Kitchener city staff say the aging Margaret Avenue bridge in Kitchener should be demolished "immediately," and replaced with a new one in a move that would cost an estimated $6 million.

In a report released Wednesday, staff said the bridge should be taken down "hopefully before the end of the year." Staff said the city should then immediately undertake an environmental assessment to replace the bridge outright.

That course of action "represents the best use of city capital dollars and the lowest risk to the city and railways."

The recommendation comes after an evaluation of the structure by engineering consultancy firm Morrison Hershfield, which concluded the need to replace the bridge is "crucial" and should not be delayed.

Staff had considered another option — conducting a short term emergency repair of the bridge by installing steel plates to reinforce the top and the bottom of the structure. The bridge would then be replaced outright in 2015.

Under that scenario, the bridge, which has been closed to traffic since June, would be open to some vehicular traffic in 2014.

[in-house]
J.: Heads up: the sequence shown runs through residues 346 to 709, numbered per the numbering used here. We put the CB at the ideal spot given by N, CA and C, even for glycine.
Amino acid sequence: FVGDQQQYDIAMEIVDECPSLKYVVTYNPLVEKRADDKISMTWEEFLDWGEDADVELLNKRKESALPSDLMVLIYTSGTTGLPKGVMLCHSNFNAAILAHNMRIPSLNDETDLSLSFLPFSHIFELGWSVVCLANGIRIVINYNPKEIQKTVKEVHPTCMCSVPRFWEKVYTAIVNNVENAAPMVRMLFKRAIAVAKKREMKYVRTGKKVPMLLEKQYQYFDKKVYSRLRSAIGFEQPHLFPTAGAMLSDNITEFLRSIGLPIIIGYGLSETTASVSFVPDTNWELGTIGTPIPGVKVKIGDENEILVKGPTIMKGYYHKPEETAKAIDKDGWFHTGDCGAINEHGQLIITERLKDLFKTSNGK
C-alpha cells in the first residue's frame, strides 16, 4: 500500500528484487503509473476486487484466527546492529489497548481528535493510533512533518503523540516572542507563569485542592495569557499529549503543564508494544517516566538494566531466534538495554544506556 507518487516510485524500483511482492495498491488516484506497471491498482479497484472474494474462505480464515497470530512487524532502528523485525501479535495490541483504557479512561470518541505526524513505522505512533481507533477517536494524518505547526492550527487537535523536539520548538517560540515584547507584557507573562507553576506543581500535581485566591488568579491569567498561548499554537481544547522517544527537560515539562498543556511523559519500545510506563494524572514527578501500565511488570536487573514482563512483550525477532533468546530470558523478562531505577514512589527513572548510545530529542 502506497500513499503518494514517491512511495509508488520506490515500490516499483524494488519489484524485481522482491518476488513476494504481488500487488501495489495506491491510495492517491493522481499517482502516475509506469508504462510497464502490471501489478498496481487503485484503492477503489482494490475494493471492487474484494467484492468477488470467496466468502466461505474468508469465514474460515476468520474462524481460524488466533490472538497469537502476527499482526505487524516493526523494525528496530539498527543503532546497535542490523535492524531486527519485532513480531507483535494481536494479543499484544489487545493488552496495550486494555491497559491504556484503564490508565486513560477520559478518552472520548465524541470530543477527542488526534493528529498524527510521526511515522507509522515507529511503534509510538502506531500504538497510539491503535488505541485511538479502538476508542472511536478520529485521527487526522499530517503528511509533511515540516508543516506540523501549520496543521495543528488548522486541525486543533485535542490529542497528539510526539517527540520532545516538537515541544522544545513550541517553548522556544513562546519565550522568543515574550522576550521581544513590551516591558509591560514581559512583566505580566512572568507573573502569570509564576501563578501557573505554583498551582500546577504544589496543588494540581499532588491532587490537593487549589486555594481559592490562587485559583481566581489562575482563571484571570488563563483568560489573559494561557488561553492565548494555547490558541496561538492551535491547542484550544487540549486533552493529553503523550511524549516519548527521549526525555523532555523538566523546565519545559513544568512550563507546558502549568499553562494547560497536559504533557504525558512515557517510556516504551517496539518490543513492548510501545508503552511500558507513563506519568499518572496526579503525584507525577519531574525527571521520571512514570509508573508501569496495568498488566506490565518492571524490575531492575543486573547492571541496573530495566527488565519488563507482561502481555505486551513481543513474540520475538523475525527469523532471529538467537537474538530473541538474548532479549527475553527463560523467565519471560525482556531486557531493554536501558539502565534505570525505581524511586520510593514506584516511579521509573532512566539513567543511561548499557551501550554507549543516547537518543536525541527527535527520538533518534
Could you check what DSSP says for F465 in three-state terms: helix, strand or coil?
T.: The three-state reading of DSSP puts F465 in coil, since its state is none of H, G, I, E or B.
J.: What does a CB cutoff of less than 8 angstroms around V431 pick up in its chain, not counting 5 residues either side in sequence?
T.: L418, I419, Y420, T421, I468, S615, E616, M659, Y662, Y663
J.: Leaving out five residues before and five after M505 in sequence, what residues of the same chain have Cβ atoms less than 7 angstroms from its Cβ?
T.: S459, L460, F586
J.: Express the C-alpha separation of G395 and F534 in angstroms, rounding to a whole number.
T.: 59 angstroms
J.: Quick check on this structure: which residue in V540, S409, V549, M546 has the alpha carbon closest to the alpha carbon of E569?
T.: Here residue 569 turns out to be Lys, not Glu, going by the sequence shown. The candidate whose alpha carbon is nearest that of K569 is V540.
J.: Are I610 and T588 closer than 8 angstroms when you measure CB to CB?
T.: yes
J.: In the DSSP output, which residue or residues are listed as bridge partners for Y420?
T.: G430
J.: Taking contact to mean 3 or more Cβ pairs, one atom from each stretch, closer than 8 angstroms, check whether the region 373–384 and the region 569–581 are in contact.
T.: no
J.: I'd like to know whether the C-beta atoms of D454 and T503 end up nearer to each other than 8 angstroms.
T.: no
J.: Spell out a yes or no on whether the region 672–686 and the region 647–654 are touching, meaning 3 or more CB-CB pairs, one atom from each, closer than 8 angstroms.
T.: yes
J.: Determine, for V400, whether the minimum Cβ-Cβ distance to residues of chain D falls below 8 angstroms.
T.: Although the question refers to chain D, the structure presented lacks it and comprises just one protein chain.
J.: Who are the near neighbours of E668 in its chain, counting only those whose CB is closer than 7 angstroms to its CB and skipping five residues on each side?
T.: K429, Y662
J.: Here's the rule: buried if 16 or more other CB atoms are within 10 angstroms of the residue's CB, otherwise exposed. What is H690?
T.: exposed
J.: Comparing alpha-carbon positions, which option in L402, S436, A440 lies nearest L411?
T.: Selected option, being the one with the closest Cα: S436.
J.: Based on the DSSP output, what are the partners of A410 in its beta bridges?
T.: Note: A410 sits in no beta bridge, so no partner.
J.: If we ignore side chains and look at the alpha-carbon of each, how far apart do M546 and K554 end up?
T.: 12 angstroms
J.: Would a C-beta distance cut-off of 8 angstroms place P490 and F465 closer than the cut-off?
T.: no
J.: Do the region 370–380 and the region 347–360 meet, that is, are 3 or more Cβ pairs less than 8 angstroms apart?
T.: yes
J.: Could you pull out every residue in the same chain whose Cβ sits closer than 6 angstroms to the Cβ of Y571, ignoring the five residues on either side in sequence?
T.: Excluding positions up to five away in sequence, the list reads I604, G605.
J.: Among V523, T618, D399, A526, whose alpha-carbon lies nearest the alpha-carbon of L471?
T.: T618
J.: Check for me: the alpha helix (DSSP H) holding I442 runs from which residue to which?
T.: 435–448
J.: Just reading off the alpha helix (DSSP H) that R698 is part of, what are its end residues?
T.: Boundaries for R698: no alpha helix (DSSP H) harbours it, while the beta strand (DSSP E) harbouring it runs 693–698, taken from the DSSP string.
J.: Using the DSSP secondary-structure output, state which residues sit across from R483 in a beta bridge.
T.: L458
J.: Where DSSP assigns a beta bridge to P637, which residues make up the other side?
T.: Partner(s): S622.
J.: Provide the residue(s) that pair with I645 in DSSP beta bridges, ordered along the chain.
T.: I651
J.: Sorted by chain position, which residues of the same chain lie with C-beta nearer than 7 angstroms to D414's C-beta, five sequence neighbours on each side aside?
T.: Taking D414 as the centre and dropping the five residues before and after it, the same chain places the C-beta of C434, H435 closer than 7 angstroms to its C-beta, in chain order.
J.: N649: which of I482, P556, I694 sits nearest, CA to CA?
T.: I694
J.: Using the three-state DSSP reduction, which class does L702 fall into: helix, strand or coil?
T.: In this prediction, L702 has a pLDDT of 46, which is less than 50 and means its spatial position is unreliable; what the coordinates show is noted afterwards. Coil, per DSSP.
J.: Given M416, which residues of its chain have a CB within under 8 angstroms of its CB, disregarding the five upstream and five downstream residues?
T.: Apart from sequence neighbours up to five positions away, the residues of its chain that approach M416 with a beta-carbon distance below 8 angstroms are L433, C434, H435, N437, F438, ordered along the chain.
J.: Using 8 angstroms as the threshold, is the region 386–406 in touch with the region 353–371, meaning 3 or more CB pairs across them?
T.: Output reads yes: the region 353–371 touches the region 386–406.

Yet "there will still be a risk of failure, although it will be significantly reduced from existing (bridge unloaded) conditions," staff wrote. And there is no funding allocated to short term repairs, so those costs "will further compromise our ability to implement a long term solution."

Provincial regulations mandate all bridges in Ontario be inspected every two years. In 2012, the city's inspection identified the rail overpass between Victoria Street and Breithaupt Street as one that needed additional investigative work.

That led to the city calling in AECOM to investigate in January. The consultancy firm released its draft report Thursday.

The report stated that the structural issues were significant enough to warrant the closure of the bridge. That opinion was echoed by Morrison Hershfield in Wednesday's staff report.